KATHMANDU (Reuters) - Nepal’s Maoist-led government launched a drive Wednesday to make more than a million people literate in three months, an ambitious move critics say is aimed at easing public frustration over the lack of development.
“This is a difficult task but we have to face the challenge,” Education Minister Renu Kumari Yadav said, referring to a project that will see tens of thousands of volunteers fan out across the impoverished Himalayan nation to teach people to read and write.
Critics say the literacy move is an attempt to win popular support in a difficult year for Nepal, which is facing an acute electricity shortage that has triggered anti-government protests.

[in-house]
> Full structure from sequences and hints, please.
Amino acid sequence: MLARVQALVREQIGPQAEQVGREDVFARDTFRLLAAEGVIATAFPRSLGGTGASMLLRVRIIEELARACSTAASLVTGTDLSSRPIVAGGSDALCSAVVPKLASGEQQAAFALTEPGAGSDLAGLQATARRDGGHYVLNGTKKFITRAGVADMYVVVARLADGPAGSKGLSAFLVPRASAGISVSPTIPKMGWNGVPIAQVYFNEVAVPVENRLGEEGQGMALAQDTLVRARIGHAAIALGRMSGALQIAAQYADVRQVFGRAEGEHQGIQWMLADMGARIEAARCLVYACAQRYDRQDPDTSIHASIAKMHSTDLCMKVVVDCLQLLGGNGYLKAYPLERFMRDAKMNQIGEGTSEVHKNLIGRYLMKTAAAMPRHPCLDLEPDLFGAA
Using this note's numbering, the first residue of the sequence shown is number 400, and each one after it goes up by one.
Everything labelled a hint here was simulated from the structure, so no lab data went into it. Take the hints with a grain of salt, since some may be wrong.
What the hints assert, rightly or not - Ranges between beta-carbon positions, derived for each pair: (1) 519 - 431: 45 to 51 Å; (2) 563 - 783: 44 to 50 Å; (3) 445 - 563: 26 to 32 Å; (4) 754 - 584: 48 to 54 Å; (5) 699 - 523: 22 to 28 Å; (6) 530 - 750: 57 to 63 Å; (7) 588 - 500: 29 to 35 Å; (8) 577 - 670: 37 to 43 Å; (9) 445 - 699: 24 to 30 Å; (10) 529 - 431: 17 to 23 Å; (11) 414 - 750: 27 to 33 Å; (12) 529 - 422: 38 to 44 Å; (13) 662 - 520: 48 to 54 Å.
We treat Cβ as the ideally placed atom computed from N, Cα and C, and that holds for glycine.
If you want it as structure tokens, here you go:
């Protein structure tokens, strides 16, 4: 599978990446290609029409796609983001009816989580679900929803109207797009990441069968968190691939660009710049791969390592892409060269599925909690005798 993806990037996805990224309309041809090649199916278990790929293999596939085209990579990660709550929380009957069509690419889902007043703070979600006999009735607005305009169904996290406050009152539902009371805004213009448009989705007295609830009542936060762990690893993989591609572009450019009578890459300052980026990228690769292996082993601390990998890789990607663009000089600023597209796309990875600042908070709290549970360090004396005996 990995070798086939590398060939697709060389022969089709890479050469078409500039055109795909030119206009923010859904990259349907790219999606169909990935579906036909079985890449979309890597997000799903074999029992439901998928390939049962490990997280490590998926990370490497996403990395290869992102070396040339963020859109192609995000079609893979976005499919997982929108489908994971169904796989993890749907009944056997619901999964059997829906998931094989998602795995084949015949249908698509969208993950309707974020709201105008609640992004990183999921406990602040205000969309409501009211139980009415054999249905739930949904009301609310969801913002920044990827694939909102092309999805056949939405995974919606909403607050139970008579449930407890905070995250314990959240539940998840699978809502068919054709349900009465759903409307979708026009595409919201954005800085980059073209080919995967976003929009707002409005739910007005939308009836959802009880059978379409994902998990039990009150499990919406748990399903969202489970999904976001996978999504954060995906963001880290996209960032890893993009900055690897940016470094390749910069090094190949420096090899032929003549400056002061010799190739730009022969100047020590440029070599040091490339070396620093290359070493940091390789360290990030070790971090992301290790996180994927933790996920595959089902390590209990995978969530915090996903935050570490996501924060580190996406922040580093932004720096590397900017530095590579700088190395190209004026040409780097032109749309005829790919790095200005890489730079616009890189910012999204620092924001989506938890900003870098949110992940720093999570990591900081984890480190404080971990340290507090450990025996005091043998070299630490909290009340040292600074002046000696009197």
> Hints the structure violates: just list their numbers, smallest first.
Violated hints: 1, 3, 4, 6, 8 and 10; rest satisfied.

Making Nepal completely literate was one of the development goals of the Maoists after they ended a decade-long civil war and won an election in April last year.
But since taking power, the former rebels have been criticized for doing little to give relief to people, nearly one third of whom live on a daily income of less than a dollar.
The government aims to stamp out illiteracy among 7.8 million of Nepal’s 27 million people in two years.
“The first phase of the campaign which began today will continue for three months,” Yadav told Reuters Wednesday. “The second phase will start in mid-April.”
Reporting by Gopal Sharma; Editing by Krittivas Mukherjee and Valerie Lee